Database Management System (May-2017) Unit-II

Question: – 4(a) Discuss the DIVISION operation. How is it represented, and what are the requirements of the numerator and denominator relations? Explain with an example.

Answer: –

The division operator is used when we have to evaluate queries which contain the keyword ALL.

Some instances where division operator is used are:

  1. Which person has account in all the banks of a particular city?
  2. Which students have taken all the courses required to graduate?

In above specified problem statements, the description after the keyword 'all' defines a set which contains some elements and the final result contains those units which satisfy these requirements.

Select all records from a table

A special character asterisk * is used to address all the data(belonging to all columns) in a query. SELECT statement uses * character to retrieve all records from a table, for all the columns.

SELECT * FROM student;

The above query will show all the records of student table, that means it will show complete dataset of the table.

s_id name age address
101 Adam 15 Chennai
102 Alex 18 Delhi
103 Abhi 17 Banglore
104 Ankit 22 Mumbai



Question: – What is view? How is it different from table? How views can be created, altered and destroyed?

Answer: – A database view is a searchable object in a database that is defined by a query.  Though a view doesn’t store data, some refer to a views as “virtual tables,” you can query a view like you can a table.  A view can combine data from two or more table, using joins, and also just contain a subset of information.  This makes them convenient to abstract, or hide, complicated queries.

Active Database

The reasons why views are created are:

  • When Data security is required .
  • When Data redundancy is to be kept to the minimum while maintaining data security .

Types of views :

  1. Read-only View : Allows only SELECT operations.
  2. Updateable View : Allows SELECT as well as INSERT , UPDATE and DELETE operations.

Creating a View :

The ORDER BY clause cannot be used while creating a view.  The columns of the table are related to the view using a one-to-one relationship.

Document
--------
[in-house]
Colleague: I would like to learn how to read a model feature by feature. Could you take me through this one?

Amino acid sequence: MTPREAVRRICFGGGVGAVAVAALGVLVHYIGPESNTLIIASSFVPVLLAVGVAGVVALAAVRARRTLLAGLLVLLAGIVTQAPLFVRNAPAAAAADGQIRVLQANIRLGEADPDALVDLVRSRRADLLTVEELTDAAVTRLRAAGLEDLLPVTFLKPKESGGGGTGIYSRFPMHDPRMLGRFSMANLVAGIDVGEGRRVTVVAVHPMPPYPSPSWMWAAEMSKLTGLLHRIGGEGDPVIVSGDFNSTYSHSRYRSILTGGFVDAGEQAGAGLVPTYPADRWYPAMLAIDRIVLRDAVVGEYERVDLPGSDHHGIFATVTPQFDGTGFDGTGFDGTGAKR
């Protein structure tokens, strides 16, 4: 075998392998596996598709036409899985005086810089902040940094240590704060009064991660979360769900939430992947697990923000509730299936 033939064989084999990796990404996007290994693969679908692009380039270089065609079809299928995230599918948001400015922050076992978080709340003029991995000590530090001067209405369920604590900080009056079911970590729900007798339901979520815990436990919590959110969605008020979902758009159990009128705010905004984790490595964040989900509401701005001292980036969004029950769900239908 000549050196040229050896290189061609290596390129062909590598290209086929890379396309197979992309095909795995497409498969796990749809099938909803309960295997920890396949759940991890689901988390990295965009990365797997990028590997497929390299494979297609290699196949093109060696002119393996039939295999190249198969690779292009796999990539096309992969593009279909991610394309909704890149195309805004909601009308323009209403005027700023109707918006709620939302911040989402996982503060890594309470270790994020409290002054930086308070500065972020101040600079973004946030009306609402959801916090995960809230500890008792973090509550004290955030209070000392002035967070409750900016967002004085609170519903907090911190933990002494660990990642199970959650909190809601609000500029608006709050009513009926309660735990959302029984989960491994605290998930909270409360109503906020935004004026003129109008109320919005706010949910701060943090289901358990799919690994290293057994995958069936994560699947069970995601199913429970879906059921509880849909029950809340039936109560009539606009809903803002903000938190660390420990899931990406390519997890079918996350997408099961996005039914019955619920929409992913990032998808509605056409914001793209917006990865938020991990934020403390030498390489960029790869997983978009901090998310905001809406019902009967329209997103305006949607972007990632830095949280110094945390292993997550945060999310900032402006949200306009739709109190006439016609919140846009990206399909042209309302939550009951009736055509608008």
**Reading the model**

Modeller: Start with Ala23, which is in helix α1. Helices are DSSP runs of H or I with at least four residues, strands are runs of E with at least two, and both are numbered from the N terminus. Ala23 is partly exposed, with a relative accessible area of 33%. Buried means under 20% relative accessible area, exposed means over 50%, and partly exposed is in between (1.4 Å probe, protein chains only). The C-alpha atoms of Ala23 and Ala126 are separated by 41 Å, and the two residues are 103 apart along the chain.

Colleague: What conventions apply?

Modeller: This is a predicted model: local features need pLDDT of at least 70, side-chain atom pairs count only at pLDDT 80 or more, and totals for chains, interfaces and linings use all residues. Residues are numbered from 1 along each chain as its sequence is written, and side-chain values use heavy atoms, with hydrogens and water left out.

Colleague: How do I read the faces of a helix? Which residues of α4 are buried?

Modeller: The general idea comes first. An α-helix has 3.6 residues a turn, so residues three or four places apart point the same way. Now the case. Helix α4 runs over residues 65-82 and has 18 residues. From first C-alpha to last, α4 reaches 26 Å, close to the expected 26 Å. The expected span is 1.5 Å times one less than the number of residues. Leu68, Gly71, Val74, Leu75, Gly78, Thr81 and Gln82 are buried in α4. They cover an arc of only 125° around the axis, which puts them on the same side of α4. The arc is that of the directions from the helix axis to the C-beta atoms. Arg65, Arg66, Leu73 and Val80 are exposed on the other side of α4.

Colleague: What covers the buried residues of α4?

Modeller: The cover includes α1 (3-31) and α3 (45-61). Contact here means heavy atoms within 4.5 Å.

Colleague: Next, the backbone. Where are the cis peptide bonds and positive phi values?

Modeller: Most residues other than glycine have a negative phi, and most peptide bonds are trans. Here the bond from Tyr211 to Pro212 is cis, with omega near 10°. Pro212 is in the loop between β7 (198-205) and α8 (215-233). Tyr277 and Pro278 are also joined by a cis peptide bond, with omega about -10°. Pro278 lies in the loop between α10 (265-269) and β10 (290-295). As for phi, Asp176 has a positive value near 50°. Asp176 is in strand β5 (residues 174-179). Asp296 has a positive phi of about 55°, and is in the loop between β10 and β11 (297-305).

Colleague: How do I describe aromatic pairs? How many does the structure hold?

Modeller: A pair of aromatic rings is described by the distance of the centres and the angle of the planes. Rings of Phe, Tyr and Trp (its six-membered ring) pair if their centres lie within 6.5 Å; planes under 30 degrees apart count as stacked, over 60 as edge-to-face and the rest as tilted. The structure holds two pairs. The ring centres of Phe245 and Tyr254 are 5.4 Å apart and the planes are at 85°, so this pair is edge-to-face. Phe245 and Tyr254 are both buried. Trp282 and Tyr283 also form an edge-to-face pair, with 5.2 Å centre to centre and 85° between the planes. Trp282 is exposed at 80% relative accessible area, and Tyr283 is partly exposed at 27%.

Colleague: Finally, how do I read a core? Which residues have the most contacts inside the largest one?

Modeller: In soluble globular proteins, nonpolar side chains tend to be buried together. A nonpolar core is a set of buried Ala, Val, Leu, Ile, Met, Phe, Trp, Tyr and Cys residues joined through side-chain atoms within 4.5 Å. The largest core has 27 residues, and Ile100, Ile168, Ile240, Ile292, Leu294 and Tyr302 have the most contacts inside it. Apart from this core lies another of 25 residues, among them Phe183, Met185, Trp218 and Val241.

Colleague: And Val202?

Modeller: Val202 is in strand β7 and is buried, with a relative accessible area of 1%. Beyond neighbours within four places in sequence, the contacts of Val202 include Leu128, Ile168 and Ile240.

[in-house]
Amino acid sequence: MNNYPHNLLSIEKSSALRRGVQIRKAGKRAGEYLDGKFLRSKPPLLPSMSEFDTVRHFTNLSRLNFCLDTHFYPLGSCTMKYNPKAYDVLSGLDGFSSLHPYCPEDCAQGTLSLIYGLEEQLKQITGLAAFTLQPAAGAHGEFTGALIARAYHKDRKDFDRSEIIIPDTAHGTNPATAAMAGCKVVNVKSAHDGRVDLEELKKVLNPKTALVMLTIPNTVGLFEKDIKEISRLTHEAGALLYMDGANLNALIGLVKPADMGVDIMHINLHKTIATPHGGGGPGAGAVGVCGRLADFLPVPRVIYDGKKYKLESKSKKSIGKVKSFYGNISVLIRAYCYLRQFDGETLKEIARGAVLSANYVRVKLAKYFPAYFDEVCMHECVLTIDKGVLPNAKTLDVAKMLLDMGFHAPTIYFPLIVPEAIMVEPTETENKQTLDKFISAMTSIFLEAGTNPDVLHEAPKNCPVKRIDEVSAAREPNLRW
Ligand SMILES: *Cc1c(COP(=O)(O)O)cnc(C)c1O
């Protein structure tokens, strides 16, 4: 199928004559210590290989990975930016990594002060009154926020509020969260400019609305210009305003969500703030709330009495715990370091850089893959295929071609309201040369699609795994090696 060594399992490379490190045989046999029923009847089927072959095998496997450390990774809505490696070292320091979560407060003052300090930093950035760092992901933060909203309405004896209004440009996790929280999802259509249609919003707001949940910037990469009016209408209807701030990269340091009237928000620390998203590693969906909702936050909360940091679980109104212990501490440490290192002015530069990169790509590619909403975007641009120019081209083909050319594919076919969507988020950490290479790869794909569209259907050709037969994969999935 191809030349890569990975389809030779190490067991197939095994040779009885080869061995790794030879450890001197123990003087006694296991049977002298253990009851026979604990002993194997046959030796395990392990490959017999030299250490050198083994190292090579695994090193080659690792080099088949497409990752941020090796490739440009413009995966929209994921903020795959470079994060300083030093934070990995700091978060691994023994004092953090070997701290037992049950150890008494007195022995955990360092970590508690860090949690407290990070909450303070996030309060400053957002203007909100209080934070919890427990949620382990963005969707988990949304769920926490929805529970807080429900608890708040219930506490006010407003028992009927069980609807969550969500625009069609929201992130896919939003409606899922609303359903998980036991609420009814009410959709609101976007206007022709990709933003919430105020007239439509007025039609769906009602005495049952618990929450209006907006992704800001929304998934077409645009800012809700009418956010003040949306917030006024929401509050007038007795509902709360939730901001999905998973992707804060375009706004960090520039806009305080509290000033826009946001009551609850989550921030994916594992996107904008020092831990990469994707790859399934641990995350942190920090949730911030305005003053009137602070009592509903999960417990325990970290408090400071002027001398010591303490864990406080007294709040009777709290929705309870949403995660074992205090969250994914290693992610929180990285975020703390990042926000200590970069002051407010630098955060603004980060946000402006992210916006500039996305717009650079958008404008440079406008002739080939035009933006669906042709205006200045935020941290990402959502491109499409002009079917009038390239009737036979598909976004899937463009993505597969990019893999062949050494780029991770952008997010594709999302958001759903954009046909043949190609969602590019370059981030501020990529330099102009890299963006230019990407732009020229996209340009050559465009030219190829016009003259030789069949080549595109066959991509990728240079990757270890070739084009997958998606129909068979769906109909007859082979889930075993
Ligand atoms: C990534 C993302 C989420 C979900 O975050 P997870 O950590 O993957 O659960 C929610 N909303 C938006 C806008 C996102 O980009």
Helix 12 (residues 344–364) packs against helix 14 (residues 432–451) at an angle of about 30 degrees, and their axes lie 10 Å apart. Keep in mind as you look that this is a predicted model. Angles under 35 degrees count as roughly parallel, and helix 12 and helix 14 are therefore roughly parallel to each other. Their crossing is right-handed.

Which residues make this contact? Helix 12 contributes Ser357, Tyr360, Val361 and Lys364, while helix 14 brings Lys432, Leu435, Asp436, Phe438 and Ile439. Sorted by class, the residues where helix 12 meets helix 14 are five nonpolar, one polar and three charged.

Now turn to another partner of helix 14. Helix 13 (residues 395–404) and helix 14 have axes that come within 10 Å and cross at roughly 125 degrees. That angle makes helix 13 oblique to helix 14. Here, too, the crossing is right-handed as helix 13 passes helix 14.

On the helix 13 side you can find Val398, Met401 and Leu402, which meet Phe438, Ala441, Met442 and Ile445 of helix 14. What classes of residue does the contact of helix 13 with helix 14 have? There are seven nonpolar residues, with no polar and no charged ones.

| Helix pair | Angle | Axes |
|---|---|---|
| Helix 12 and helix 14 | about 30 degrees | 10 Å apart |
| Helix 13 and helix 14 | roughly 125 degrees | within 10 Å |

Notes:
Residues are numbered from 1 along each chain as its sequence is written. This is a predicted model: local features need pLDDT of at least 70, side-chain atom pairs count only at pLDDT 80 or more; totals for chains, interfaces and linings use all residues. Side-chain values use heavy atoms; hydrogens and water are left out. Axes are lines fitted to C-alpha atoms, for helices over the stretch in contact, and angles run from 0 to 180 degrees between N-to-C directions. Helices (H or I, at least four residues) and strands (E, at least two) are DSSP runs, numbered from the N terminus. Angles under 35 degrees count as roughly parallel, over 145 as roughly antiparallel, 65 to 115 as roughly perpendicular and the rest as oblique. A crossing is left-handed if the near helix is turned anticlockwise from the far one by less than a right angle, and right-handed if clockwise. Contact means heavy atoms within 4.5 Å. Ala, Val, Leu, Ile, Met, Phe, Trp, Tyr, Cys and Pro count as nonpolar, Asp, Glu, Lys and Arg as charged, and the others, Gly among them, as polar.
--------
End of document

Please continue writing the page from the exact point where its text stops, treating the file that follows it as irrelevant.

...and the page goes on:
Syntax:

CREATE <OR REPLACE> VIEW <ViewName> AS SELECT <ColumnName1 >, <ColumnName2> FROM <TableName> WHERE <ColumnName> = < Expression List> <WITH    READ ONLY> ;  

This statements creates a view based on query specified in SELECT statement.
OR REPLACE option recreates the view if it is already existing maintaning the privileges granted to view viewname.
WITH READ ONLY option creates readonly view.

Example :

Creating a view stu based on student table and than update it.

Run SQL Command Line–>

SQL>create view stu as select enroll,name from student;

View Created.

<———————————————->
SQL>select * from stu;

ENROLL             NAME
———–    ———-
4866        ABCD
4546        BDSG
Updateable Views :

Views can also be used for data manipulation .   Views on which data manipulation can be done are called Updateable Views.
When an updateable view name is given in an Insert Update, or Delete SQL statement, modifications to data in the view will be immediately passed to the underlying table.
For a view to be updateable, it should meet the following criteria:

  •  Views defined from Single table
  •  If the user wants to INSERT records with the help of a view, then the PRIMARY KEY column(s) and all the NOT NULL columns must be included in the view .
  •  The user can UPDATE, DELETE records with the help of a view even if the PRIMARY KEY column and NOT NULL column(s) are excluded from the view definition .

Example :

SQL>update stu set name=’xyz’ where enroll=4866;

1 Row updated.
<————————————————————>
SQL>select * from stu;

ENROLL             NAME
———–    ———-
4866        xyz
4546        BDSG